Four months have passed since the modern office vanished. It was Friday, March 13, 2020. Like any good scene in a scary movie, it happened quickly – with little warning – though there were whispers here and there.

If you were a train commuter back then, you cautiously boarded on Monday, March 9, aware that the formerly acceptable sardine-like configuration of human bodies was not smart, but unaware that it was the last week you would be inside another man’s armpit.

If you were a music lover, you might have caught a live show, aware that nobody coughed between sets, but unaware that the venue would shutter in days and, perhaps, never reopen.

If you were a proud working parent who finally “had it all” – thanks to a mixture of some planning, much outsourcing, and a whole lot of luck – you were slightly annoyed by the talk of a school closure, but never imagined that a pushed-up spring break would become … summer.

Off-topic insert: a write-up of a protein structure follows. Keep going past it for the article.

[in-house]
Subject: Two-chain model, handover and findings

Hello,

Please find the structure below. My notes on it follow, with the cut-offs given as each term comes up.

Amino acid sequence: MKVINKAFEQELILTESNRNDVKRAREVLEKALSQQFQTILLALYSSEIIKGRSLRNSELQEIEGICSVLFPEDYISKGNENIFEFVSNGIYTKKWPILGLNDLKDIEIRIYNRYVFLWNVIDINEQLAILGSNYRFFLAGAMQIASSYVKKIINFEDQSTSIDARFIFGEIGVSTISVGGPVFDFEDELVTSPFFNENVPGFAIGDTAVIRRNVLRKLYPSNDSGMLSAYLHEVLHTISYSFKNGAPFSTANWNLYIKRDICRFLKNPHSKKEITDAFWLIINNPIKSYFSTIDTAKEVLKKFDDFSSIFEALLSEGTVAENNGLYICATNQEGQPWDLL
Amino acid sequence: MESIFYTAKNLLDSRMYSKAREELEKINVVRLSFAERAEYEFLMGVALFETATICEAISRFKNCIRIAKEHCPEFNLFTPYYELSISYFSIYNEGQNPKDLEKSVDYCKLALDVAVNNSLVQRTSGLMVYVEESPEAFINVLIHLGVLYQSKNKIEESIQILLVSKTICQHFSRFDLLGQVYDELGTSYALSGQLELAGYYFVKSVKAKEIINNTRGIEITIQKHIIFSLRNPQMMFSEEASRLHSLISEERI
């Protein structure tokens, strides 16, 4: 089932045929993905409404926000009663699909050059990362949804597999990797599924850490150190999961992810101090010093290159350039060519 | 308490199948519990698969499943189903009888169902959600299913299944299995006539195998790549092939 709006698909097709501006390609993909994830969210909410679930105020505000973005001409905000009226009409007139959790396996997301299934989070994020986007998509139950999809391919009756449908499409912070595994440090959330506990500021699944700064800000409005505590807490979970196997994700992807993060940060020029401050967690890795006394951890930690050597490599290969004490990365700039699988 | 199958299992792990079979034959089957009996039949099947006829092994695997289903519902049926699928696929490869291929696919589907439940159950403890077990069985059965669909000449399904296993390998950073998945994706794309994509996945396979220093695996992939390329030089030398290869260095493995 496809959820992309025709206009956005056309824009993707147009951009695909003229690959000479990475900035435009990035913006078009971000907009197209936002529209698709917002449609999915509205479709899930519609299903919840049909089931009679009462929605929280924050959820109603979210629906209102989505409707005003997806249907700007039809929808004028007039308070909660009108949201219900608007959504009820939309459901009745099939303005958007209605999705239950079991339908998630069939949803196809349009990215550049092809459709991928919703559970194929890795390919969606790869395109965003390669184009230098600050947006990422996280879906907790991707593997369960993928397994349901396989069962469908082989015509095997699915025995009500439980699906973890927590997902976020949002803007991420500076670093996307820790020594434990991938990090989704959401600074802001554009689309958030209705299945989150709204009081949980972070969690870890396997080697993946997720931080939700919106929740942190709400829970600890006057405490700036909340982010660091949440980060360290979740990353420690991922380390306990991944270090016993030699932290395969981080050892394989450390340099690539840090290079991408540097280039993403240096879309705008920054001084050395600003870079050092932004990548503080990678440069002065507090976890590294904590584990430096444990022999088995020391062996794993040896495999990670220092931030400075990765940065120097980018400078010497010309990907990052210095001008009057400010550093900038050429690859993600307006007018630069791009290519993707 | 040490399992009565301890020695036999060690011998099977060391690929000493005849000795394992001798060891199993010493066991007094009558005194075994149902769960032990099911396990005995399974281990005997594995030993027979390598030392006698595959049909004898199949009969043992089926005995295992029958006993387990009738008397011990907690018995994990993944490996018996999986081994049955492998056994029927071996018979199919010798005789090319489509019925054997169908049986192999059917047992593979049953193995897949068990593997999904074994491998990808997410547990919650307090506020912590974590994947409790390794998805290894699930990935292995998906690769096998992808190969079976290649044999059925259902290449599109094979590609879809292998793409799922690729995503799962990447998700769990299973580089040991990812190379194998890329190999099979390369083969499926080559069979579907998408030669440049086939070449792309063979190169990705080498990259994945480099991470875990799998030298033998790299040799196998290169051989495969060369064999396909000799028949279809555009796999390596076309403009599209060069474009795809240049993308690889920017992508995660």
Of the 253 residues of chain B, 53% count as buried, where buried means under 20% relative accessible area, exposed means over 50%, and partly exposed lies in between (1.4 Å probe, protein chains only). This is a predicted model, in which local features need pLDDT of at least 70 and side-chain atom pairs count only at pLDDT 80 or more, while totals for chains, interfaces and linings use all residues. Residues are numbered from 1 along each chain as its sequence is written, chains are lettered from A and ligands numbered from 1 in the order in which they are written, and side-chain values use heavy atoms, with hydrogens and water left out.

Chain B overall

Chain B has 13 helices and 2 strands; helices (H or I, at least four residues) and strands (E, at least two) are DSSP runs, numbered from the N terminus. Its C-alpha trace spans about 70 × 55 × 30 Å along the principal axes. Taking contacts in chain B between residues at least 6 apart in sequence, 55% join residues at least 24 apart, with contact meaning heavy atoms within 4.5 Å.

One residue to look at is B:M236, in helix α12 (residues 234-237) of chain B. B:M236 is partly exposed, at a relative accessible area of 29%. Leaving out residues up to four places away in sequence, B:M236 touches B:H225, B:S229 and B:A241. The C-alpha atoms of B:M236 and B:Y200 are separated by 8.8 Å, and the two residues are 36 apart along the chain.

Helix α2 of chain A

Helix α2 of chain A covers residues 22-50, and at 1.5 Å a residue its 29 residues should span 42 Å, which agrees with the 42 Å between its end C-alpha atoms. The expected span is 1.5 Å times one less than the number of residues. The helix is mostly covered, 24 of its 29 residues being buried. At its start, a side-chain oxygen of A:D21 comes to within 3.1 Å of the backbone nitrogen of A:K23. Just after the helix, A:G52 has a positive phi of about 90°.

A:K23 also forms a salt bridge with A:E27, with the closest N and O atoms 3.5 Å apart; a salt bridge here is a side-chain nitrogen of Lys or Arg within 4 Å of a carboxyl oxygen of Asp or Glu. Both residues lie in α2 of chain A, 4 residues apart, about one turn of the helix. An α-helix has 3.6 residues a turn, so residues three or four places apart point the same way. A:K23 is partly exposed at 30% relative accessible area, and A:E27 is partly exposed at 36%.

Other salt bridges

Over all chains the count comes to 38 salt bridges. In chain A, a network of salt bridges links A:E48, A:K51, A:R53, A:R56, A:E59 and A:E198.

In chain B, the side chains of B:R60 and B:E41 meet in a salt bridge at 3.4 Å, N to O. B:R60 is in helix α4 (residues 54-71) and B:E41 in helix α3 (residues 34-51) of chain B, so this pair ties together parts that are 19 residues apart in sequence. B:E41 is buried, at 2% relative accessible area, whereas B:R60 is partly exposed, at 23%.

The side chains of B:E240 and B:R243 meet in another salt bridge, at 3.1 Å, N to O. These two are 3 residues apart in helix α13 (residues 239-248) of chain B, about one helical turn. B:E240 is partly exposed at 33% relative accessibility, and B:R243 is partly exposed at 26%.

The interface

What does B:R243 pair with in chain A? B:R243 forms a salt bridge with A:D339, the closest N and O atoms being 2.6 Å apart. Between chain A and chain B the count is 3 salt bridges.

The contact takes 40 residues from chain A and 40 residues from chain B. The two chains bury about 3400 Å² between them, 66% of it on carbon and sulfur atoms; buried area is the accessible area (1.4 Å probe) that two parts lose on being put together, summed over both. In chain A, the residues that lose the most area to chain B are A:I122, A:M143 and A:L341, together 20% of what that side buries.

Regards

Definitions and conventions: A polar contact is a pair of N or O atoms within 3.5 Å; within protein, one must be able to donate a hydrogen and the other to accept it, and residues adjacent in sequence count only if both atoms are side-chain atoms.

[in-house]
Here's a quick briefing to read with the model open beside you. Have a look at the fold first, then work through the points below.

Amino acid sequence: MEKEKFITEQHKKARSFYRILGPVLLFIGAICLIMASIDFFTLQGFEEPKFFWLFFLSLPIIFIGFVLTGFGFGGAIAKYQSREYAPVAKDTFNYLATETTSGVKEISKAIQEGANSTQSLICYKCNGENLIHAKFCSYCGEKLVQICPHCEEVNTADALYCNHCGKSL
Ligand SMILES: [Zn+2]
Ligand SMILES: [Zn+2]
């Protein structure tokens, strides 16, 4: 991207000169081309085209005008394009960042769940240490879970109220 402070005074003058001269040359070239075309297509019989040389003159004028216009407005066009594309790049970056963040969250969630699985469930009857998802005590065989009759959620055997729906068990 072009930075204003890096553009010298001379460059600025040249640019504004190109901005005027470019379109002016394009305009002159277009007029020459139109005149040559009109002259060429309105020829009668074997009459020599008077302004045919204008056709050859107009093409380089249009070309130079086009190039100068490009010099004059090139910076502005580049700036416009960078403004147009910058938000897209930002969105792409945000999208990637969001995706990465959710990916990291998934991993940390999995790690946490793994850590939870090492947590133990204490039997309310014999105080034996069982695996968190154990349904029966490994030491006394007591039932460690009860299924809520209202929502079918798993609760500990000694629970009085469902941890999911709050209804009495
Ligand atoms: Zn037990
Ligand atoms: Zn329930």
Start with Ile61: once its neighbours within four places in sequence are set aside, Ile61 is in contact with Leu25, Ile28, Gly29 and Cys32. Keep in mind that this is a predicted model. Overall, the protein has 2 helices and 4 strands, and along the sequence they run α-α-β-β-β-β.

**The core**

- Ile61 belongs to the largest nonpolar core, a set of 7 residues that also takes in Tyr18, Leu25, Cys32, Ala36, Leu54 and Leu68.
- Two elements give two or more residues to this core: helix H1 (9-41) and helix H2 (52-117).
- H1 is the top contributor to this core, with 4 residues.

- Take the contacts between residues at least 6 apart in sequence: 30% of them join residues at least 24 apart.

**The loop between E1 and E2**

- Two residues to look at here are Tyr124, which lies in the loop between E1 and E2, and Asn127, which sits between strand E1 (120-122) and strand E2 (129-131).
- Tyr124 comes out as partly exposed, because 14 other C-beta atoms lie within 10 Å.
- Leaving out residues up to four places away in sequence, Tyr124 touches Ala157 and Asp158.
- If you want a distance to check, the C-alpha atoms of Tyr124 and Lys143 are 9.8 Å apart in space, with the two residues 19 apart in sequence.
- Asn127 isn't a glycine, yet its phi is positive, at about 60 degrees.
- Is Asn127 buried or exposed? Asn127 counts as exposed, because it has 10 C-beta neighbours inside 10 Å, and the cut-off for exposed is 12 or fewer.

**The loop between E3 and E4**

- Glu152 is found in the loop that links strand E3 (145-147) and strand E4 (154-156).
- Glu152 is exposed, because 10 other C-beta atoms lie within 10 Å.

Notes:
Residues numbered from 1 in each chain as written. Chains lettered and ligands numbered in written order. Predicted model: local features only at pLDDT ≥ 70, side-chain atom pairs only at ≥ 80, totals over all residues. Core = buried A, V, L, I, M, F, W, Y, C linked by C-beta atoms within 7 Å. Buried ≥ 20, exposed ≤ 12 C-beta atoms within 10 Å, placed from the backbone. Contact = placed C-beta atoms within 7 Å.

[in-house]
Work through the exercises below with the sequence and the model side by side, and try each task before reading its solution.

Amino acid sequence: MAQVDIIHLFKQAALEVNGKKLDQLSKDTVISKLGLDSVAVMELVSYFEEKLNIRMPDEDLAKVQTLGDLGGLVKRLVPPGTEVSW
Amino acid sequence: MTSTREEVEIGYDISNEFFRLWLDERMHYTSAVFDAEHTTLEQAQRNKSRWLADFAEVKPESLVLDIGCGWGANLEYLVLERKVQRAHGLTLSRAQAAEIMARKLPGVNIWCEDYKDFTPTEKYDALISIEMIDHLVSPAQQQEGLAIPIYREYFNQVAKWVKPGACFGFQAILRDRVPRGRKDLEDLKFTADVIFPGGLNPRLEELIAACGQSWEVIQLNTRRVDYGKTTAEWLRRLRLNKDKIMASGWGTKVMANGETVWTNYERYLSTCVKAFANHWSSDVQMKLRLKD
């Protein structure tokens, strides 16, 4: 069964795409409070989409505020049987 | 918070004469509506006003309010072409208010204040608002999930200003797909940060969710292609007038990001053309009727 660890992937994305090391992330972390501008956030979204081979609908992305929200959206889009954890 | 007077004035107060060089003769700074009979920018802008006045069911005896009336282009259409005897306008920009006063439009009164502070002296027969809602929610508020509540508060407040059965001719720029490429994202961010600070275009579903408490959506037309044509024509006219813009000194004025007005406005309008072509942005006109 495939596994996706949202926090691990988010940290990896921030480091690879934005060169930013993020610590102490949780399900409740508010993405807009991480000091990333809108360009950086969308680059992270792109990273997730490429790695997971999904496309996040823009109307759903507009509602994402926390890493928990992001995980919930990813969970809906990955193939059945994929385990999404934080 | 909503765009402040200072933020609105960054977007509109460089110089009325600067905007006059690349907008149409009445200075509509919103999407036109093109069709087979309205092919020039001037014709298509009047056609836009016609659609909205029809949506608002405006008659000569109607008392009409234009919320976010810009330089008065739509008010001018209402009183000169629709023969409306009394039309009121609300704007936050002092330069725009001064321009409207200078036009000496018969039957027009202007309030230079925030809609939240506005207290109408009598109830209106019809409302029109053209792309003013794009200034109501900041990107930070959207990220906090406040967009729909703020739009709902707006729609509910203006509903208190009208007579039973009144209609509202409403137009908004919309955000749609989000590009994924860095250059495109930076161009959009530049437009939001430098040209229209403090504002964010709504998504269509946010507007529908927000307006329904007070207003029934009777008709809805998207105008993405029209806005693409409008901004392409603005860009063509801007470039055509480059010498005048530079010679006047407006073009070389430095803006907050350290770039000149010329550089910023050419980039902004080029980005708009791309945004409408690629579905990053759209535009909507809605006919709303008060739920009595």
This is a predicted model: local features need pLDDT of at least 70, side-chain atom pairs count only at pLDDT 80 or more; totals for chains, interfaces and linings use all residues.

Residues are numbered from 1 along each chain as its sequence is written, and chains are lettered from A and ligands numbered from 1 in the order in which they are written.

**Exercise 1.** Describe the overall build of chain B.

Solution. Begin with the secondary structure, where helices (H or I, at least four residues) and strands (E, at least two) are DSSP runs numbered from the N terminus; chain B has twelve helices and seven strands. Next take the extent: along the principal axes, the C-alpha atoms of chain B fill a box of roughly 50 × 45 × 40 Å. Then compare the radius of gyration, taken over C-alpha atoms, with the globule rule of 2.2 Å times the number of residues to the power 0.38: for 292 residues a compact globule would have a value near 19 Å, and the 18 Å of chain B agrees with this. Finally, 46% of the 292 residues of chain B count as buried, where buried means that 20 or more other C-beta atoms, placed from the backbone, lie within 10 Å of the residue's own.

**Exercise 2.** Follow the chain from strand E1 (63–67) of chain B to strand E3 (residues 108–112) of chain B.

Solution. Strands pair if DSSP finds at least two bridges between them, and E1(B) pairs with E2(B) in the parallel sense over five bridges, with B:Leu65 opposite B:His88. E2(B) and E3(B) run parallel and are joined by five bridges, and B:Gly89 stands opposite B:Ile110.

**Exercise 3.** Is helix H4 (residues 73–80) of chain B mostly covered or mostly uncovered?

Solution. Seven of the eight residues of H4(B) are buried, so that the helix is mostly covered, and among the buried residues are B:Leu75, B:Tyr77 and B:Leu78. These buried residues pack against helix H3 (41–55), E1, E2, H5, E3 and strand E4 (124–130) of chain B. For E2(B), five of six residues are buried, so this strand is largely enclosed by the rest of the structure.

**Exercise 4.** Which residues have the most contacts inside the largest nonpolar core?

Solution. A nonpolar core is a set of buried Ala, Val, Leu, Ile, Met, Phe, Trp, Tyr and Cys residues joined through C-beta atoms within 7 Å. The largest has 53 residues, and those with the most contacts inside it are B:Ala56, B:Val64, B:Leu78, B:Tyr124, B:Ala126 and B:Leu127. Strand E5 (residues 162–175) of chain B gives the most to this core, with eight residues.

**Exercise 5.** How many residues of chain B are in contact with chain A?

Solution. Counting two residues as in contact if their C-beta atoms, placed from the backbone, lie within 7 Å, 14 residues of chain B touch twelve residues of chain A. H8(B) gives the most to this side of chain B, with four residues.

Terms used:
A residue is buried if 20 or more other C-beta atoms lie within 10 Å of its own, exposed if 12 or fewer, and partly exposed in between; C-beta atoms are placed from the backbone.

Yes, the world is different in July than it was in March. And if you are an employer, your team is living with you in that world. Some are terrified. Others are lonely. A couple feel just fine (they tend not to have children at home). The minute #togetherapart started trending, the office changed forever. For many sectors, what was once a perk became a necessity. For other sectors, what was once a job became an essential service. We were no longer navigating a discussion over flexible work policies, #MeToo, and work-life balance. Like the 2020 primary, the hot topics lost their heat. What matters now? Two things: COVID-19 and how you respond.

The Brave New Remote World is here.

This blog will analyze the remote employer. We’ll look at trends, challenges, liabilities, and opportunities. We’ll study issues like safety, privacy, morale, and organization, and tackle the legal implications of this new world, including ADA accommodation, FLSA wage and hour, and, yes, #MeToo – unfortunately, sexual harassment exists on the internet.

Whether you were a remote employer in pre-COVID days or are just getting started, we hope you’ll follow along.